In Dunsmuir City Park early next month, competitors will slide down a ramp while standing, launch into the air, and come down riding their skis or snowboards astride a length of genuine railroad rail, upon which they will perform gravity-defying tricks for an appreciative audience.

In Dunsmuir City Park early next month, competitors will slide down a ramp while standing, launch into the air, and come down riding their skis or snowboards astride a length of genuine railroad rail, upon which they will perform gravity-defying tricks for an appreciative audience.

That's how Chamber of Commerce President David Clarno envisions the Dunsmuir Chamber's 2012 rail jam, one of several activities scheduled during a two-day Winterfest, Dec. 7 and 8. The rail jam sign-up begins at 2 p.m. Dec. 8, with competitions commencing at 3 p.m.

Admission is free.

Also featured will be live music, a raffle, a pancake breakfast, and two movies.

Clarno emphasizes this will be a professional event. “There are people up here who have coached for the Olympics,” he said about local talent Thursday. “In the north state, there are people who have judged for up to World Cup level.”

Clarno said the ramp will be about 10 feet wide and will give a contestant a choice of trying to ride a box if the rail looks too daunting. “It's easier to ride the box, because there is less of a need for balance,” he said. The eight-inch wide box will stand about 10 inches off the ground, and the rail will be about 12 feet long. Clarno said the two options will be aligned parallel in front of the ramp about eight feet apart.

“They usually land sideways,” he said of the shredders. “As they're sliding, they do tricks. The more expert they are, the fancier the tricks.” He said those include mid-air twists and sometimes flips.

Punctuating the action will be an electronic music manager known as DJ Zack Schneeman. That last name is German for snowman.

Clarno said falling on a length of railroad rail could easily break bones. “People can get hurt, but they're usually well practiced, so it doesn't happen very often,” he said.

He termed the event “a community effort,” coordinated by the Dunsmuir Chamber of Commerce Events Committee. Sponsors include the Mt. Shasta Ski Park, Surf Shack, FireWhat, the Dunsmuir Chamber, Bombs Away, and the Fifth Season. There will be vendor booths and food.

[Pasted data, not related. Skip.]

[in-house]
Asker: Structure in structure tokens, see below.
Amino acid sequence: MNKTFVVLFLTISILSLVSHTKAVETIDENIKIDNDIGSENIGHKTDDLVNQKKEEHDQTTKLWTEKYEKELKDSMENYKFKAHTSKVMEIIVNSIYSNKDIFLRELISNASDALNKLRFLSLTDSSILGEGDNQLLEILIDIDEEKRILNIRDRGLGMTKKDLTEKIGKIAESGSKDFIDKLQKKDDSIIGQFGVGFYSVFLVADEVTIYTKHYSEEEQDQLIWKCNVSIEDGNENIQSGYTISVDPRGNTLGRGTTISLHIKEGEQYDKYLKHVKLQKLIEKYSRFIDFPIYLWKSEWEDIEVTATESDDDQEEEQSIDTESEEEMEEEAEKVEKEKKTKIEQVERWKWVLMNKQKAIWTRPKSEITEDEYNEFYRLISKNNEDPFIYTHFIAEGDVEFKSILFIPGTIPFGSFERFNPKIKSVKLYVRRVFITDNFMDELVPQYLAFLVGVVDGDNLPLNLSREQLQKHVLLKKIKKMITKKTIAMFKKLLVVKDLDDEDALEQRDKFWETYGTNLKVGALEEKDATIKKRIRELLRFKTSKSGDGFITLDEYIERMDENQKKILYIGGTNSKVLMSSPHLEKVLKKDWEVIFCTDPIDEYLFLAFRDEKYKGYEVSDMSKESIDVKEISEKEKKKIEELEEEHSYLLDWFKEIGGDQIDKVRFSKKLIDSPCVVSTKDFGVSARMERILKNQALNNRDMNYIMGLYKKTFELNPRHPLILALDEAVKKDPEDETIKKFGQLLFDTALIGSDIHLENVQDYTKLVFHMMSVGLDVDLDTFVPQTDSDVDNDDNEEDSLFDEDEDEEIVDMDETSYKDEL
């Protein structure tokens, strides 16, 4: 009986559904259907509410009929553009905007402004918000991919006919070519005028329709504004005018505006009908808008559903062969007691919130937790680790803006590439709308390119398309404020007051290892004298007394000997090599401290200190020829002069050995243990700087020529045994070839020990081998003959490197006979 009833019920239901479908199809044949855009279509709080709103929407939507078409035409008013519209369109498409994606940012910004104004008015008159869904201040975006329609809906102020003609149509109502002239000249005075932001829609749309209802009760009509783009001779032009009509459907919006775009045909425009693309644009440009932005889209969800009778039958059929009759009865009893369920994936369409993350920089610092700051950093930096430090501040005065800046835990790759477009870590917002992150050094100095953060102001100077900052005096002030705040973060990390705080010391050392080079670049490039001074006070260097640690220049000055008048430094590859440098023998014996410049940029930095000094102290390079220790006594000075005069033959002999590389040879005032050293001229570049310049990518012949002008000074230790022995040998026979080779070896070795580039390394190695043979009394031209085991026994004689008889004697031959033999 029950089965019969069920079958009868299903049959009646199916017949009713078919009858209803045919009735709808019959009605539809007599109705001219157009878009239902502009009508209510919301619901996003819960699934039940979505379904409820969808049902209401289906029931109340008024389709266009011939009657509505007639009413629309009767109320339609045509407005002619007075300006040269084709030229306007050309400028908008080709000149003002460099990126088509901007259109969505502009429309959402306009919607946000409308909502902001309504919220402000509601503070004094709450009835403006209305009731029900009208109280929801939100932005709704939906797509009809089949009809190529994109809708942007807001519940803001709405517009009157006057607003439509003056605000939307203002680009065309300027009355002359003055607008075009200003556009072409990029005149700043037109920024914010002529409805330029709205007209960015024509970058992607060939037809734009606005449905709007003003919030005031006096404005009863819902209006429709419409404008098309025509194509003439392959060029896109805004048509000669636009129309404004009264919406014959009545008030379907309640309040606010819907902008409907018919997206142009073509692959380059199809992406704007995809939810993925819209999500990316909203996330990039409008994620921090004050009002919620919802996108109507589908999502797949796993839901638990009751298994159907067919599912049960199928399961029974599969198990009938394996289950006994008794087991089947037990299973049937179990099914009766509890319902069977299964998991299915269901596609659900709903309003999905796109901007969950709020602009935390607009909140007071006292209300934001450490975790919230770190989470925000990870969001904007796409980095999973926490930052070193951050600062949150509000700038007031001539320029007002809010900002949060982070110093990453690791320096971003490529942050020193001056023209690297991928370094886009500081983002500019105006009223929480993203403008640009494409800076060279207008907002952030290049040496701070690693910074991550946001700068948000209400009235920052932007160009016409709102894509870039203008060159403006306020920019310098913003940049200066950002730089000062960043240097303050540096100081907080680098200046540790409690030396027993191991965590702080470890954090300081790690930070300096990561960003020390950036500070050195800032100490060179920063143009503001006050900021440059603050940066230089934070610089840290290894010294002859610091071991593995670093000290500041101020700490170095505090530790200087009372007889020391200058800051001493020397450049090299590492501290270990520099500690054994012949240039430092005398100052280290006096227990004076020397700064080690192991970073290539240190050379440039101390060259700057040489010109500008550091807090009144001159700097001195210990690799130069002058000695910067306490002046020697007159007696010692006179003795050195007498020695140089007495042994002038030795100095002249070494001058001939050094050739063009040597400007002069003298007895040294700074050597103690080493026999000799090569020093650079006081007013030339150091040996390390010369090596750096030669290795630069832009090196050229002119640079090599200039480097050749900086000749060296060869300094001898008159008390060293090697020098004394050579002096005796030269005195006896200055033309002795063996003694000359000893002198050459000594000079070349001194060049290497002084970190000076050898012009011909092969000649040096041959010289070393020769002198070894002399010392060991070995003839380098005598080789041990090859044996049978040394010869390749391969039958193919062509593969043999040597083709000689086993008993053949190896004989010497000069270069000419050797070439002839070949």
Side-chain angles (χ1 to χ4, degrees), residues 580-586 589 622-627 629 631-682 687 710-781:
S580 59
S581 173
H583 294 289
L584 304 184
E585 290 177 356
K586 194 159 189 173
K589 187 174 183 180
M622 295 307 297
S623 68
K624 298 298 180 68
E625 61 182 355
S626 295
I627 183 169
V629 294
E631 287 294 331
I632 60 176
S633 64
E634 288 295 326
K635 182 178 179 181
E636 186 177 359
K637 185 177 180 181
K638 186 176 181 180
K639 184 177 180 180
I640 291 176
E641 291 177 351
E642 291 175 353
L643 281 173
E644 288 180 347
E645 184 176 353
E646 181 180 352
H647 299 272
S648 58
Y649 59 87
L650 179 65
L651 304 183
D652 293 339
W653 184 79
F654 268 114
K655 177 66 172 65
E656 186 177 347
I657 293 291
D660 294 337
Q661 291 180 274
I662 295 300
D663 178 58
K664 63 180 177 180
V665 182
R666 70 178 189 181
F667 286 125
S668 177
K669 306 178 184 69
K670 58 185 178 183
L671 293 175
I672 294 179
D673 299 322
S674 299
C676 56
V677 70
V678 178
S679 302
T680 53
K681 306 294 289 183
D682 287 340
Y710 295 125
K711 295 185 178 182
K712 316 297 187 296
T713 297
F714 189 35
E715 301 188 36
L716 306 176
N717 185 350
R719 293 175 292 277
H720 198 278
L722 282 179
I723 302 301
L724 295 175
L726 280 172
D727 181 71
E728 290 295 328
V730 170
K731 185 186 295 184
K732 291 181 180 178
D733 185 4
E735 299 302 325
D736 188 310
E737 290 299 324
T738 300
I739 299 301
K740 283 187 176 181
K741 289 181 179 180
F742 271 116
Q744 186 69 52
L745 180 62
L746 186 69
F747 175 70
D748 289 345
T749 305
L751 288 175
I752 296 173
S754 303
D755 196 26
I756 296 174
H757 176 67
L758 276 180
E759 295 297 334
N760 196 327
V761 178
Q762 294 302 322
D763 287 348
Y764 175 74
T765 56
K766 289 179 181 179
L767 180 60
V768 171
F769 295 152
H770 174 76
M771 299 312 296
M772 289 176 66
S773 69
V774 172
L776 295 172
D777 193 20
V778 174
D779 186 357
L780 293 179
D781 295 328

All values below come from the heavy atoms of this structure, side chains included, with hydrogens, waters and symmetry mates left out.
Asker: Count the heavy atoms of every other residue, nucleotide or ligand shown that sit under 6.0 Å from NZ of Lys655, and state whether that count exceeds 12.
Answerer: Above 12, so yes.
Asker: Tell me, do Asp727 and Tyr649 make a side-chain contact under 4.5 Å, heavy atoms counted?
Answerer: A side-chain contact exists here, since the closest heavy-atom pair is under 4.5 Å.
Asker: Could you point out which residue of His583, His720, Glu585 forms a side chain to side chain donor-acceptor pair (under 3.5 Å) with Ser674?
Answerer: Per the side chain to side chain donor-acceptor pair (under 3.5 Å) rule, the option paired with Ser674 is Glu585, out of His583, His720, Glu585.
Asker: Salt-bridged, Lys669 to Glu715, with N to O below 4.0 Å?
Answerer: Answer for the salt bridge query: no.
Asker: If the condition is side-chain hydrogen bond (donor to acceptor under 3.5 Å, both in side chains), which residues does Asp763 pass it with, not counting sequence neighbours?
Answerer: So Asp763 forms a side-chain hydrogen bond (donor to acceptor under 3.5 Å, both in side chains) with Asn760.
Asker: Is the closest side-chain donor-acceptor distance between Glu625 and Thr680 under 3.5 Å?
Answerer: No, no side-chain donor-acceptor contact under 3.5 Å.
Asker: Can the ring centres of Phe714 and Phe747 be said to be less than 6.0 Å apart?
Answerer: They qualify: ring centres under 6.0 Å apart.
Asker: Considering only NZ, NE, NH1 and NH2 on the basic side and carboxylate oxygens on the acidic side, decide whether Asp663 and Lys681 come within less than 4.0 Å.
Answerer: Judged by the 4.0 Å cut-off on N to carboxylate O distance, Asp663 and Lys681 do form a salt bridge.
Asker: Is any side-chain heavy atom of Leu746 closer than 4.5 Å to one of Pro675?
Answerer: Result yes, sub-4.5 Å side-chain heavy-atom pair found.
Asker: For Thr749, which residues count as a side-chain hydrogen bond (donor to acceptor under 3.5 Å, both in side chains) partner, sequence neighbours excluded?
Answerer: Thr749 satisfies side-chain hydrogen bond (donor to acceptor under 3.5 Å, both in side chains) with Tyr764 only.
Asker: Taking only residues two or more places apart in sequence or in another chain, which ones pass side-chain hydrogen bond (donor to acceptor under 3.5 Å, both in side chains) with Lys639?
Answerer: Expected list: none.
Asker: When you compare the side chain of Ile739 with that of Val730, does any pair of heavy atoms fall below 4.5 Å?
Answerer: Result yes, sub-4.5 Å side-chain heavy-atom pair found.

“The Chamber will provide food for sale,” said Clarno. “It will be simple, like burgers, chili dogs.” He said Dunsmuir Rotary Club will present its annual Pancakes with Santa breakfast Saturday morning from 8 to 11 a.m.

Practice and professional demos will run from 4 to 8 p.m. Friday. During this time live music will be provided by the live band Double Chief. The first day of Winterfest will end in the Community Building with a showing of the ski film “Choose Your Own Adventure,” featuring backcountry veteran Forrest Coots.

Wrapping up the event Saturday will be Warren Miller's extreme skiing and snowboarding movie, “Flow State.” No admission will be charged for either film.

Clarno said the idea of a free winter festival in Dunsmuir has evolved over the last couple of years, as suggestions bounced back and forth between members of the events committee and the city council. The plan eventually crystalized into a flowchart in the office of FireWhat. CEO Sam Lanier is chair of the Chamber of Commerce events committee.

“We wanted to promote Dunsmuir as a winter sports town,” Clarno said. “This time of year people are starving for playing on the snow. We saw the beginning of December as a great time for something like this, before the ski season.”

The idea is to bring people to town to experience our restaurants, motels and gift shops.

The Chamber is determined to hold the event regardless of the weather. “Ideally, we want the temperature to go down to about 28 degrees the night before,” Clarno said. “Mt. Shasta Ski Park is going to bring their snow-making machine.” Snow will be used to lubricate the ramp and the box, as well as make the surroundings look more wintry.

“If it snows we won't need the machine,” continued Clarno. “That happens sometimes this time of year.” He said if it’s too warm for the snow machine, “we'll actually go pick up snow and bring it in the backs of pickup trucks. If it rains, we'll still do it. We'll use carpets on the ramp and the box.”

Inquisitive spectators or hard-core shredders wishing more information about the 2012 Dunsmuir Winterfest can call the Chamber office at 235-2177.